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Texas Lawmakers Set to Scrutinize Planned Parenthood

A Texas Senate panel will meet Wednesday to scrutinize Planned Parenthood practices in the aftermath of the release of undercover videos of the abortion provider's executives discussing fetal tissue donation.

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A Texas Senate panel will meet Wednesday to scrutinize Planned Parenthood practices in the aftermath of the release of undercover videos of the abortion provider's executives discussing fetal tissue donation.  

The Senate Health and Human Services Committee is expected to examine whether Planned Parenthood affiliates in Texas are illegally profiting from the sale of tissue of aborted fetuses — an allegation stirred up by videos released by the Center for Medical Progress. Posing as research executives, members of that anti-abortion group secretly recorded meetings with Planned Parenthood executives discussing how fetal tissue is obtained for medical research.

Planned Parenthood has fiercely denied accusations that it is profiting from fetal tissue donations and condemned the undercover videos, saying they are misleading because the organization only receives reimbursements for costs incurred by clinics that participate in tissue donations.

But the release of the videos prompted calls for investigations from Texas’ Republican leadership, which led to a probe by Texas Attorney General Ken Paxton, who is expected to provide testimony during the hearing.

In announcing the hearing earlier this month, Republican committee chairman Charles Schwertner of Georgetown said the committee would focus on determining whether Planned Parenthood affiliates in Texas were selling fetal tissue and what steps could be “taken to put a swift and decisive stop to it.” 

“I know many Texans are equally horrified by such a callous disregard for innocent human life,” Schwertner said in a previous statement.

Planned Parenthood health centers in Texas do not currently donate tissue for medical research, according to the organization.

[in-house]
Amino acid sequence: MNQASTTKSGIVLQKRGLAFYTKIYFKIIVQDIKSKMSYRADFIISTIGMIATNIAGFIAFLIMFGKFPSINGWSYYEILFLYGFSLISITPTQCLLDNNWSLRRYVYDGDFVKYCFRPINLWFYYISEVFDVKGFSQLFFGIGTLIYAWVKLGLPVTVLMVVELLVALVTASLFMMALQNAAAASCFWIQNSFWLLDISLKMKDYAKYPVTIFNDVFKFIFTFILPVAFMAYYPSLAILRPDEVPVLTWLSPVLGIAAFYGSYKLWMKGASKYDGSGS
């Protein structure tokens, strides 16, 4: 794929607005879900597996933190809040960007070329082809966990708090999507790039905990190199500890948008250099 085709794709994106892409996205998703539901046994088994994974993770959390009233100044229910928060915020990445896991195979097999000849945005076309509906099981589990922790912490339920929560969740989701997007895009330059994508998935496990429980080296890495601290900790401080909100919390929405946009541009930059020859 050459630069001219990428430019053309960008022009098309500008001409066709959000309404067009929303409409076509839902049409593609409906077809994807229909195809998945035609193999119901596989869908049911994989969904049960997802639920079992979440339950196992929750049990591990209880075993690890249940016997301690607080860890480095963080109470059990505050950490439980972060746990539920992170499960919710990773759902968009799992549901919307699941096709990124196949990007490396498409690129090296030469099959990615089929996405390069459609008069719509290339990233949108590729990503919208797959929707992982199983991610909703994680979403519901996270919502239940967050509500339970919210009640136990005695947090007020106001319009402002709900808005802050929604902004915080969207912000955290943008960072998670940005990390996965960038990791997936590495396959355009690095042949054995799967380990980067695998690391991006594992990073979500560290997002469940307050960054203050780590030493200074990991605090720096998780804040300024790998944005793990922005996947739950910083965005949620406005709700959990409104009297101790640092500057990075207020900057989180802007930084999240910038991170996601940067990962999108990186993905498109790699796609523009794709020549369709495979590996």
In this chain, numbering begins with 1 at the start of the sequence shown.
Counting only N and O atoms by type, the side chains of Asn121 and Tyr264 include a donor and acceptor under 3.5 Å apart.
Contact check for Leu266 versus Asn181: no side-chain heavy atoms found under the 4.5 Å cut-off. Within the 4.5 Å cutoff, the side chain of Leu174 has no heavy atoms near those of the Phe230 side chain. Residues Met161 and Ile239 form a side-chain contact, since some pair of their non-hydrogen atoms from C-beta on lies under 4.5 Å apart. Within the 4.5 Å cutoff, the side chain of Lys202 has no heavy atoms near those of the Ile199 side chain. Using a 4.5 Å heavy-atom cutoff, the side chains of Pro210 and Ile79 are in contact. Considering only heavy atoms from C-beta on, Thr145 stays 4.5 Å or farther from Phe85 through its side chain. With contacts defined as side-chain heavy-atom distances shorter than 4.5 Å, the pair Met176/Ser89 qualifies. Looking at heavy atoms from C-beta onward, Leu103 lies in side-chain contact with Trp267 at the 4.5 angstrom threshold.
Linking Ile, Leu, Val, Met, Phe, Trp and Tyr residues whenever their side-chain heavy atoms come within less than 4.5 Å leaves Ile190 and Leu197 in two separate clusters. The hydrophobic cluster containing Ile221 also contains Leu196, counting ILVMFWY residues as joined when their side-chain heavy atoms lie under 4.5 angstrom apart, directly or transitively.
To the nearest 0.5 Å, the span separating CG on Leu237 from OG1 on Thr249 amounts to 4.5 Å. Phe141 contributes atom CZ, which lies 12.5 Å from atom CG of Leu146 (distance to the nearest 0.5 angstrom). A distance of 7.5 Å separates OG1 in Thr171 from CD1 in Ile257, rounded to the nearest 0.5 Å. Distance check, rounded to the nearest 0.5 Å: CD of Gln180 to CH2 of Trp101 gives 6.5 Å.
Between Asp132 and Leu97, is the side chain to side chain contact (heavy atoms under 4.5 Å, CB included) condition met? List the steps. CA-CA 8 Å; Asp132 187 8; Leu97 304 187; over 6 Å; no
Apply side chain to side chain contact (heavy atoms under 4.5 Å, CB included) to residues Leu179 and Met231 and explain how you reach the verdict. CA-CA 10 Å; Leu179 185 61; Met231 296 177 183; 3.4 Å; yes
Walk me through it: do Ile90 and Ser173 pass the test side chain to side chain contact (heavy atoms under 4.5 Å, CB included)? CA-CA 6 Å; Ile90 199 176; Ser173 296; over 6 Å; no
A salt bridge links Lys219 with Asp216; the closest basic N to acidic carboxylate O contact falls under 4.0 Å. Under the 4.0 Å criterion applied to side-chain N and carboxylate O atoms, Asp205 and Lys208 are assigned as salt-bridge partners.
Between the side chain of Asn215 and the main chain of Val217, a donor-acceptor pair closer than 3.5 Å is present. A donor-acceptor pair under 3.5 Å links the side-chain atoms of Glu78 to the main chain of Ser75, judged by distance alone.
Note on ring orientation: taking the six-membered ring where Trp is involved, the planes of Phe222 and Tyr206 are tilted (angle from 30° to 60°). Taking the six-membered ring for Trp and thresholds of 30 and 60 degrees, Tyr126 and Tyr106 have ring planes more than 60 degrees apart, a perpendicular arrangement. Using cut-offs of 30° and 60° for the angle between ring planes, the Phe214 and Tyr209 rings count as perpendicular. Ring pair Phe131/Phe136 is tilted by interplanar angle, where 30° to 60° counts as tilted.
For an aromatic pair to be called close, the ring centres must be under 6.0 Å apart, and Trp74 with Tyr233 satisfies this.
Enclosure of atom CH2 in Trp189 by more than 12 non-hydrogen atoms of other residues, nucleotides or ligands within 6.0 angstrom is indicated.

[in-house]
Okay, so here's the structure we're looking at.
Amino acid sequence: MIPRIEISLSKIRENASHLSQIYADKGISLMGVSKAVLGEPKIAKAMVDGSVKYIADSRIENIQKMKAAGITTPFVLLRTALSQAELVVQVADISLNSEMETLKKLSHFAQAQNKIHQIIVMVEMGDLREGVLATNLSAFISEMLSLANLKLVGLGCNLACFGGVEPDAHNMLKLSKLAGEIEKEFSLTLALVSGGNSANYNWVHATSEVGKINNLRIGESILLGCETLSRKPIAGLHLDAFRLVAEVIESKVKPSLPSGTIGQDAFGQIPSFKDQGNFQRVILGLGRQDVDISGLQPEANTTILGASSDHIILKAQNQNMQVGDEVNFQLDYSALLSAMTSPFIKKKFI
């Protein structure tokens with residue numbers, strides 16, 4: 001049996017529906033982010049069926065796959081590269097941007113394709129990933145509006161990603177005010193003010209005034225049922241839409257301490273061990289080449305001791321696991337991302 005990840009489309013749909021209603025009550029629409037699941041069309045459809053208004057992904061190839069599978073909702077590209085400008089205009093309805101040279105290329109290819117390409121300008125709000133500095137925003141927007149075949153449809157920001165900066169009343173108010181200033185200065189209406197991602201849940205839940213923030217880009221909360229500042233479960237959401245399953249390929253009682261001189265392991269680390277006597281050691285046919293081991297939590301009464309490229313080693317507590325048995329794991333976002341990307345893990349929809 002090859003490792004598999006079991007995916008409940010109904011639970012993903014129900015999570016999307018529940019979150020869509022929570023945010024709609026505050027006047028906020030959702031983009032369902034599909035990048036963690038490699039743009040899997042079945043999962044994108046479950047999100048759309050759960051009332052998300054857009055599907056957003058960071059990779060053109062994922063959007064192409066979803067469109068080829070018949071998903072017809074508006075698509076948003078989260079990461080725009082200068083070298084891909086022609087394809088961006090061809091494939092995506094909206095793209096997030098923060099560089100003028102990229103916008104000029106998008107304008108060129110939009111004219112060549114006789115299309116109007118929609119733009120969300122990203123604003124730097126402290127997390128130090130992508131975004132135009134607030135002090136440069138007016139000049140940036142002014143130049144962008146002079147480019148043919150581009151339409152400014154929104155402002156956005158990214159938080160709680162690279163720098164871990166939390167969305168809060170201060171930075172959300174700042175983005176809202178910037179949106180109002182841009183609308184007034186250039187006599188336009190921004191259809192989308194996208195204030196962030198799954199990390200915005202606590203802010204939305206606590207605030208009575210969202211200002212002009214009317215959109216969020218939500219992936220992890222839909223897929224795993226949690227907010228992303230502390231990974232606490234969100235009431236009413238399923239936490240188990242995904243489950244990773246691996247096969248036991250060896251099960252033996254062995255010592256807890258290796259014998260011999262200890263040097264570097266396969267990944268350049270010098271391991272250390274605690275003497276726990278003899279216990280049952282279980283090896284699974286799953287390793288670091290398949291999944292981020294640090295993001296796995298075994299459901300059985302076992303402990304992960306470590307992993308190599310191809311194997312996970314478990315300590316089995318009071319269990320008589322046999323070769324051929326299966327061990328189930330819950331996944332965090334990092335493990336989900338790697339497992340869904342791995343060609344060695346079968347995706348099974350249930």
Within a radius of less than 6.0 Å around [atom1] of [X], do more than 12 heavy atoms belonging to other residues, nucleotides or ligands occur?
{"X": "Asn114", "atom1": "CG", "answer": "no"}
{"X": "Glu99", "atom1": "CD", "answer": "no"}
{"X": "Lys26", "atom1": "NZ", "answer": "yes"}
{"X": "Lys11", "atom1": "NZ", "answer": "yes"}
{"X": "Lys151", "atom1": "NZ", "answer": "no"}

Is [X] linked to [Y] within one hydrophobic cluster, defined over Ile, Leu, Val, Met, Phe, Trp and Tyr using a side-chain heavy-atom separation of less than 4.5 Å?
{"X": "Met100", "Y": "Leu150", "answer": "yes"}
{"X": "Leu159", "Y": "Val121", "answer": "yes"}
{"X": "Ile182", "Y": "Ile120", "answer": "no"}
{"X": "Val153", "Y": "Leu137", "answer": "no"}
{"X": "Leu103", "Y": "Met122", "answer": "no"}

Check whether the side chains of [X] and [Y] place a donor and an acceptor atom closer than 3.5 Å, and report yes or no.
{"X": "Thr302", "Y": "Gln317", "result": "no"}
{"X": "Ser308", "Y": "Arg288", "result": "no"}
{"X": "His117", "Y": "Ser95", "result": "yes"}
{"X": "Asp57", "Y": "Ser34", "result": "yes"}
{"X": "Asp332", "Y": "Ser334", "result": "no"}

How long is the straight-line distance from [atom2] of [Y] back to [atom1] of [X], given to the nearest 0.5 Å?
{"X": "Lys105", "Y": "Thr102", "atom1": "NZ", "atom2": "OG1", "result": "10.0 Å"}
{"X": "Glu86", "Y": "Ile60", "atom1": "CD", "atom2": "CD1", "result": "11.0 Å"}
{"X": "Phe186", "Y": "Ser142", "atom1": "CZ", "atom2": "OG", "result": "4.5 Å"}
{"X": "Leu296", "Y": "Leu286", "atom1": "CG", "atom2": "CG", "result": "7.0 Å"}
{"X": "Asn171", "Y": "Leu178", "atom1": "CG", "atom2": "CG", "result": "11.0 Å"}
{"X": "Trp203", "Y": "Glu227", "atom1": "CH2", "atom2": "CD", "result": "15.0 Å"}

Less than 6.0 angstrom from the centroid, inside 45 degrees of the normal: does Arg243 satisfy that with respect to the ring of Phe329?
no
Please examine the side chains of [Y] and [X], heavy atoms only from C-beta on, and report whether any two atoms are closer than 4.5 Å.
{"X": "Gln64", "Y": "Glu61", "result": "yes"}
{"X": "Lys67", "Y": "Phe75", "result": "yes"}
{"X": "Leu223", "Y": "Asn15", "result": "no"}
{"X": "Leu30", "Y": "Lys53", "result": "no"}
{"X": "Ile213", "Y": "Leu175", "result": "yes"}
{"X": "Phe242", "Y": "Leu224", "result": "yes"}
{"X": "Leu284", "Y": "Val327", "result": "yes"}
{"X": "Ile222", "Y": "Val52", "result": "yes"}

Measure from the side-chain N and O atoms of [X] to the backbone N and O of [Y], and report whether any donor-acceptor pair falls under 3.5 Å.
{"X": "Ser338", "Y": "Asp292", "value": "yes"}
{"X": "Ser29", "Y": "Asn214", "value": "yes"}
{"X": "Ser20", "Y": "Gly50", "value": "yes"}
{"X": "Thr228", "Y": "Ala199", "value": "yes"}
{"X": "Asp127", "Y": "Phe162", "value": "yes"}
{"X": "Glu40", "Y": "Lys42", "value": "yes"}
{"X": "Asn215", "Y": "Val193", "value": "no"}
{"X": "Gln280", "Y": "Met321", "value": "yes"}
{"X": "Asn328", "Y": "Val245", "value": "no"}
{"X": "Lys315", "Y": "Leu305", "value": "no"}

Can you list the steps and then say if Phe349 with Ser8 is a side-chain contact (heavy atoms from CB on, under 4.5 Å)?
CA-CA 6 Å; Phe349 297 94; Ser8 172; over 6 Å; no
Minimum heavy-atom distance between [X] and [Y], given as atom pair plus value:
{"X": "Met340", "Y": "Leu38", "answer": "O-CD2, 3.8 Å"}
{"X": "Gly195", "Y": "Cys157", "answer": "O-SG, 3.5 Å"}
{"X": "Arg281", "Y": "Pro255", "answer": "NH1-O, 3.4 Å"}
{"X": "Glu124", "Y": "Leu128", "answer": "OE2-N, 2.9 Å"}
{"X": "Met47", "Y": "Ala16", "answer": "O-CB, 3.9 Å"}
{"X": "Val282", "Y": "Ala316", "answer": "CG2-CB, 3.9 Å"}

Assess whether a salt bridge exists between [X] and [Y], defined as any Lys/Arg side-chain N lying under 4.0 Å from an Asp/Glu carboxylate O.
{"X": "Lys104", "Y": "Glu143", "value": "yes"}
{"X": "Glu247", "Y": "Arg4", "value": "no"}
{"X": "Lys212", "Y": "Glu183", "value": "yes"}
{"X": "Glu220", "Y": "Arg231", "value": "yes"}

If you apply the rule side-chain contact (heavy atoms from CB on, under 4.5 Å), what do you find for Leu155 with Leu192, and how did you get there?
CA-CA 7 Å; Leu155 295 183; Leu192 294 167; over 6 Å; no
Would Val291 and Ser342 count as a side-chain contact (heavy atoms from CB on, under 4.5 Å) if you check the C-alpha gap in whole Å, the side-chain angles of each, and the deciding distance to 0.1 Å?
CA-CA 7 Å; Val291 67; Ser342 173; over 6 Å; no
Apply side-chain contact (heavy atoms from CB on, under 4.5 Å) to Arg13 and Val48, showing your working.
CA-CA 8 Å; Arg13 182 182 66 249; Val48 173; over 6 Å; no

Among its Texas affiliates, Planned Parenthood Gulf Coast in Houston participated in fetal tissue donation as late as 2010, when it partnered with the University of Texas Medical Branch at Galveston for a study on causes of miscarriage.

Federal law allows clinics to be reimbursed for costs “associated with the transportation, implantation, processing, preservation, quality control or storage of human fetal tissue” for research purposes.

Planned Parenthood leaders in Texas have characterized the state’s reaction to the videos as political grandstanding.

“It is important to note that the source of these videos is a group of extremists who have launched a decade-long campaign of deceiving the public, making false charges and intimidating women and doctors in their agenda to ban abortion completely and cut women off from care at Planned Parenthood,” said Yvonne Gutierrez, executive director of the organization’s political arm in Texas, Planned Parenthood Texas Votes. “But that doesn’t matter to politicians with a long-standing political agenda to end access to safe, legal abortion and defund Planned Parenthood.”

The Center for Medical Progress has not responded to requests for comment.

The committee hearing comes on the heels of a revelation by Planned Parenthood that the anti-abortion group behind the videos visited the organization’s Houston facilities in April and confirmation that senators on the committee were granted access to a video obtained by the Texas attorney general’s office as part of its probe into Planned Parenthood’s practices regarding fetal tissue donation.

The attorney general’s office has declined to comment on the contents of the video and whether it was obtained from the Center for Medical Progress.

As of Tuesday evening, Planned Parenthood had not said whether it would send representatives from its Texas affiliates to testify before the committee. Schwertner had asked the organization to testify at the hearing.

Ahead of the committee hearing, the organization had been pushing for access to the video shown to lawmakers. In a letter sent to the attorney general's office, Planned Parenthood said that “because the videotape has already been reviewed by such Members and staff, it is no longer privileged.”

On Tuesday, attorney general spokeswoman Cynthia Meyer said the video was part of an active investigation and that the office would “respond to their request in due course.”

Also testifying at the hearing will be representatives from prominent Texas anti-abortion groups, including a former Planned Parenthood director.

Disclosure: Planned Parenthood was a corporate sponsor of The Texas Tribune in 2011. The University of Texas Medical Branch at Galveston was a corporate sponsor of the Tribune in 2012. A complete list of Tribune donors and sponsors can be viewed here.

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Health care Politics State government Abortion Texas Legislature Texas Senate